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Australia aims to cut its high rate of species extinctions to zero


A rescued koala in Adelaide, Australia on Jan. 31, 2018. Australia laid out a conservation plan aimed at preventing the extinction of any more of its plants and animals, an ambitious target for a country that has lost species at one of the highest rates in the world.

By Yan Zhuang


Australia has laid out a conservation plan aimed at preventing the extinction of any more of its plants and animals, an ambitious target for a country that has lost species at one of the highest rates in the world.


The government announcement on Tuesday followed years of extreme weather events like wildfires and heat waves that have threatened the nation’s unique species, as well as a sweeping new five-year survey that found its environment and wildlife were facing even greater threats than previously acknowledged, driven by climate change.


“Our current approach has not been working,” the environment minister, Tanya Plibersek, said in a statement announcing the plan. “These are the strongest targets we’ve ever seen,” she added.


The 10-year plan includes a commitment by the center-left Labor government to conserve 30% of the nation’s landmass, bringing Australia in line with dozens of other nations, including the United States, that have signed on to the same goal. About 22% of Australia’s landmass is currently protected, the report said, and increasing that figure to 30% would mean an increase of 61 million hectares, or more than 235,000 square miles.


It also identifies 110 threatened species and 20 habitats to be prioritized for conservation action, a focus whose benefits will trickle to other threatened species, the government said. Among the animals identified for protection are a bird known as the King Island scrubtit, the brush-tailed rock wallaby and the growling grass frog.


While the government has not announced funding for the new plan, it has previously committed $146 million (224.5 million Australian dollars) to save native species.


Scientists and conservationists welcomed the high-reaching goal of stopping extinctions altogether. But they warned that the steps outlined by the government were insufficient, with some saying that the plan did not go far enough to address key drivers of species extinction like climate change, habitat clearing and invasive species.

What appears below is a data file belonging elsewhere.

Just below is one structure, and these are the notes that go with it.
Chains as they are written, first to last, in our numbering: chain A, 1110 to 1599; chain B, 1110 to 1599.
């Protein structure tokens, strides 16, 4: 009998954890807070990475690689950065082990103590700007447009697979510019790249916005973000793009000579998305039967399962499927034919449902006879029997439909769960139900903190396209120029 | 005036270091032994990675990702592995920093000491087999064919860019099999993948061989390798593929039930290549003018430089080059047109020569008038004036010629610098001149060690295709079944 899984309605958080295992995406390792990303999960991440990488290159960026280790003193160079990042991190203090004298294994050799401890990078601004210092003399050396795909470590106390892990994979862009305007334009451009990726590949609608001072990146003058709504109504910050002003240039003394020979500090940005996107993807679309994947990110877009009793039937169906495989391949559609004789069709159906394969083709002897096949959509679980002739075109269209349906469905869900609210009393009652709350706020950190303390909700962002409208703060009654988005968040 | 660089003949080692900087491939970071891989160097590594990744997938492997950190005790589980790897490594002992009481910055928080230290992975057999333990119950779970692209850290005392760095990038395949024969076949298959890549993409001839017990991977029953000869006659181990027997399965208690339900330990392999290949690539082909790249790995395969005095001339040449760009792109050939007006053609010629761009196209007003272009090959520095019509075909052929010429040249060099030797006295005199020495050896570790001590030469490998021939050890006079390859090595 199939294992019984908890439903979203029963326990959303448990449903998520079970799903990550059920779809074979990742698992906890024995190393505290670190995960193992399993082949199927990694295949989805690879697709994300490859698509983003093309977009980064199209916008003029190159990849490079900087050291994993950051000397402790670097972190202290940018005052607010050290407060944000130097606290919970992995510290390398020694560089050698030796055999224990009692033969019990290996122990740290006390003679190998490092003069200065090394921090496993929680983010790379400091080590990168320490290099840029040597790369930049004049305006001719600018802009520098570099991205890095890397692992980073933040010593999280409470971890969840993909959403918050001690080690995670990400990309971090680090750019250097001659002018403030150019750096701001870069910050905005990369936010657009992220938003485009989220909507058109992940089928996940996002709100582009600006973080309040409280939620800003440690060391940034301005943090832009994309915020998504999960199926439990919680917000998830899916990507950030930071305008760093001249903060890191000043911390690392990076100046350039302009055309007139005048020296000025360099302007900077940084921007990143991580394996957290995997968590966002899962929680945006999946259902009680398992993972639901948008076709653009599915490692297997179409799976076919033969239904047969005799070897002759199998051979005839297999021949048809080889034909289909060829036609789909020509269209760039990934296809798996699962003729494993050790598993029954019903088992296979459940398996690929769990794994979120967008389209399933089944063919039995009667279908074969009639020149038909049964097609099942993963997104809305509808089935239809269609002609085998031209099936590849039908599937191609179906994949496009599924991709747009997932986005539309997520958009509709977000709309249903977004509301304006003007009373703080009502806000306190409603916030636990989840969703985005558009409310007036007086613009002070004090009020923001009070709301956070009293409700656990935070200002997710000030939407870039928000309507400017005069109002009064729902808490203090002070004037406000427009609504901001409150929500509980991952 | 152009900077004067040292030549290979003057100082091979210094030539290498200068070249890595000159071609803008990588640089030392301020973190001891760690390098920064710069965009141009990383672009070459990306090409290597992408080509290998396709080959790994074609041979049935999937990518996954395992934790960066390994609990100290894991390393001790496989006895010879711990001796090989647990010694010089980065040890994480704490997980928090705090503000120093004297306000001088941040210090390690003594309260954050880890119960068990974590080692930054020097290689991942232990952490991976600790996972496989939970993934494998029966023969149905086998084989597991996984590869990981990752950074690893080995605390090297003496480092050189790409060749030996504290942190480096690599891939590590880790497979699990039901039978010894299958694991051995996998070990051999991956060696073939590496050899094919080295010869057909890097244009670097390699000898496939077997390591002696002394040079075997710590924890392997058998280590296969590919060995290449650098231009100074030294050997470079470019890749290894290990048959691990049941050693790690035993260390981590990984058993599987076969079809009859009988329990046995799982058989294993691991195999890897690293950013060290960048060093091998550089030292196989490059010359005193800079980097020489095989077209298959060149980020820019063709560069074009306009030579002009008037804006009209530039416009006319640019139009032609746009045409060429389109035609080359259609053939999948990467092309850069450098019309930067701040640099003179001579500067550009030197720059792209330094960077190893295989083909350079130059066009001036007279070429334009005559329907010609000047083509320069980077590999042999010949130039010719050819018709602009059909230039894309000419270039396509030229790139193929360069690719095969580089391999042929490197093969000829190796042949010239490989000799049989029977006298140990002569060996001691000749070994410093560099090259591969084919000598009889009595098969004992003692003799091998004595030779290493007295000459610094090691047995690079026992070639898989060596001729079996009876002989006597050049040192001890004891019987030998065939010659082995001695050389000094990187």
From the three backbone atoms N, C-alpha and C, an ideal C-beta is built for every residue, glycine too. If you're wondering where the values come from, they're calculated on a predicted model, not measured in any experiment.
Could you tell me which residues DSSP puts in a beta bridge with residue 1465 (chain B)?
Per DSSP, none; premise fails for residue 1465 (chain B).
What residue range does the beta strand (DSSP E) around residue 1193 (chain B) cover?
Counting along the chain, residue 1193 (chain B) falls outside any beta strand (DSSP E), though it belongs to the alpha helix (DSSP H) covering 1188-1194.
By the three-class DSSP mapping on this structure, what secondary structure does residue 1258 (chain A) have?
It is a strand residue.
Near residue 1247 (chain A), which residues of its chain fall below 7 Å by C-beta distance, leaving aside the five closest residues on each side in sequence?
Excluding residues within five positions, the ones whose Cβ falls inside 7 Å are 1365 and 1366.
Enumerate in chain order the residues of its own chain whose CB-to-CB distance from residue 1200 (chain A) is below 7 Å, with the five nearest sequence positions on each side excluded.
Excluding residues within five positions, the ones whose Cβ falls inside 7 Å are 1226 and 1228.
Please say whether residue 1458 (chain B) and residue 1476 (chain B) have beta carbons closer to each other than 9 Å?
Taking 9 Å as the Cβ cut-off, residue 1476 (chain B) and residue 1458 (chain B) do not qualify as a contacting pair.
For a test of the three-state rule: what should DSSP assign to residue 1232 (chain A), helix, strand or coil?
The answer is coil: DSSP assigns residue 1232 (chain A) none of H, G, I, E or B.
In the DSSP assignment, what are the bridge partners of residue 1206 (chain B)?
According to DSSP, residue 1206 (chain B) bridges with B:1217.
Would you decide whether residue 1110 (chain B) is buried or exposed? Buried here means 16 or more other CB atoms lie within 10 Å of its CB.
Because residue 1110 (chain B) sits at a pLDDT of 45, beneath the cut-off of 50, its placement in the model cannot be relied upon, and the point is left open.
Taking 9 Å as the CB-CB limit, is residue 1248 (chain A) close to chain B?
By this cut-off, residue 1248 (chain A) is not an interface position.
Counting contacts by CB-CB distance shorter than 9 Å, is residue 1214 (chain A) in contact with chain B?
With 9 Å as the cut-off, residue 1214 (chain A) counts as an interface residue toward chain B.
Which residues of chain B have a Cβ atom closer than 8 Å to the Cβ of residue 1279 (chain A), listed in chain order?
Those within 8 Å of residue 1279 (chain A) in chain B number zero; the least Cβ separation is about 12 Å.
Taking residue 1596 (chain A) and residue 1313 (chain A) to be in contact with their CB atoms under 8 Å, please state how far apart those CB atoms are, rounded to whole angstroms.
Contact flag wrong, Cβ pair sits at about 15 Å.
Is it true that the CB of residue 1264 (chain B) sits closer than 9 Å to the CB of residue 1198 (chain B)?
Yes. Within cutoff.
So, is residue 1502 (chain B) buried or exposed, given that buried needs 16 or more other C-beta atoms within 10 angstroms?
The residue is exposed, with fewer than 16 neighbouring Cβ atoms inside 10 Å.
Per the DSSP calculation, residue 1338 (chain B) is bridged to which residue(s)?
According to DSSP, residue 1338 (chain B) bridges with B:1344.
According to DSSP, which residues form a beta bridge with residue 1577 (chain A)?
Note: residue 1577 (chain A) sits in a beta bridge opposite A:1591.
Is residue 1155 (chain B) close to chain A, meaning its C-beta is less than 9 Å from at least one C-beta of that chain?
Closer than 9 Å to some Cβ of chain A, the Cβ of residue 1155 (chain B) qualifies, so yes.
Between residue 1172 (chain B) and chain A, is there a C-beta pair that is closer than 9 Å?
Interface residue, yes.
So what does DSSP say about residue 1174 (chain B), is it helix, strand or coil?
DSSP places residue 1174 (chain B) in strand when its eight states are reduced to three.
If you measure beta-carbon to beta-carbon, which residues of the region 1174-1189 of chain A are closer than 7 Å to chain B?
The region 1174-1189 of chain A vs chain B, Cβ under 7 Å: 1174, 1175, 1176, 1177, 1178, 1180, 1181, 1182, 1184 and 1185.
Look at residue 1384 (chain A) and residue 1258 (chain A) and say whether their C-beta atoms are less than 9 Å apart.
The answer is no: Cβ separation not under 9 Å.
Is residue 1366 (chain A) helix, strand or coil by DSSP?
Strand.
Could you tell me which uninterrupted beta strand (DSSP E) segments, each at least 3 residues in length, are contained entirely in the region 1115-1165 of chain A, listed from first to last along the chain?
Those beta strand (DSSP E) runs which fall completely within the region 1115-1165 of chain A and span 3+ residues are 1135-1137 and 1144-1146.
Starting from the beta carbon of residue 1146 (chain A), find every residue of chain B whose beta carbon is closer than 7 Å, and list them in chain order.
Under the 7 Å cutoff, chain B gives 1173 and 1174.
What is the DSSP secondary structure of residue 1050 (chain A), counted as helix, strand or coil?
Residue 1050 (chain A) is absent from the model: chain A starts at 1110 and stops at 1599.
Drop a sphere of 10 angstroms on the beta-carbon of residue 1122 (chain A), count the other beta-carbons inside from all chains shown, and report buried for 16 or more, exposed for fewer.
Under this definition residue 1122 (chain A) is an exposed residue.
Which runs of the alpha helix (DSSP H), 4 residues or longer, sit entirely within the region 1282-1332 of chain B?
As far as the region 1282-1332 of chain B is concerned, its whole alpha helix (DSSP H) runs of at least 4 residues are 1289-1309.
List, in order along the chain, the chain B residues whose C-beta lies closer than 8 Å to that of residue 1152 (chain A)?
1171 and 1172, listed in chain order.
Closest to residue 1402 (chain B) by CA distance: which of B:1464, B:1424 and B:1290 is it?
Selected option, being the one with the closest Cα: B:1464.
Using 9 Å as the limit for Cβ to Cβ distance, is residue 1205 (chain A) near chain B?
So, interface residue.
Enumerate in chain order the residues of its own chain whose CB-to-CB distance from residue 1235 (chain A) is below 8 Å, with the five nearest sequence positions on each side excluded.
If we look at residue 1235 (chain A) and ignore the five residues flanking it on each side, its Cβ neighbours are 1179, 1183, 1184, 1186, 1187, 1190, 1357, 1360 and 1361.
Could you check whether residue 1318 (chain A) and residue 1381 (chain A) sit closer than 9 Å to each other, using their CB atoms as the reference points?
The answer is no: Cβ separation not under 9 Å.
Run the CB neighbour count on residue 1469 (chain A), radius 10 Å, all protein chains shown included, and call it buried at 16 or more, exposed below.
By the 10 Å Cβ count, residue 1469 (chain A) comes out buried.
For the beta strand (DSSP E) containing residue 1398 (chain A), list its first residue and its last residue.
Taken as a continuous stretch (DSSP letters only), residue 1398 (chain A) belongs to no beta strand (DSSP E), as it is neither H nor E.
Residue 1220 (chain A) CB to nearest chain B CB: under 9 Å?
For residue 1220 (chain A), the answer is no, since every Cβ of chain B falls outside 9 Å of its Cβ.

“What’s in the plan falls well short of what would be required to actually meet that goal,” said Basha Stasak, the nature program manager at the Australian Conservation Foundation. Still, she said there was value in setting objectives. “At the end of the day, goals focus our attention,” she added.


James Watson, a professor of conservation science at the University of Queensland, said that far more money — about AU$1.3 billion — would be needed to save all of Australia’s threatened species.


“They can’t possibly achieve their goal of stopping extinctions based on the finances involved,” he said.


He said that the approach by the new Labor government was an improvement over a decade of “awful” conservation strategies from the previous conservative government. But he noted that there were more than 1,700 threatened species in Australia and added: “There’s no way, if you focus on 110 species, you’re going to capture the needs of the other 1,600 species.”


Australia has lost more mammal species than any other continent over the past 200 years, the five-year survey said, and continues to have one of the highest rates of species decline among major developed countries.


Since colonization in 1788, 39 species of mammals have gone extinct, a figure that scientists say is far higher than that of any other country.


Extreme weather events like the 2019-20 summer wildfires have increased the extinction risk for many species, including those that were already vulnerable, like the koala, which was declared an endangered species earlier this year.

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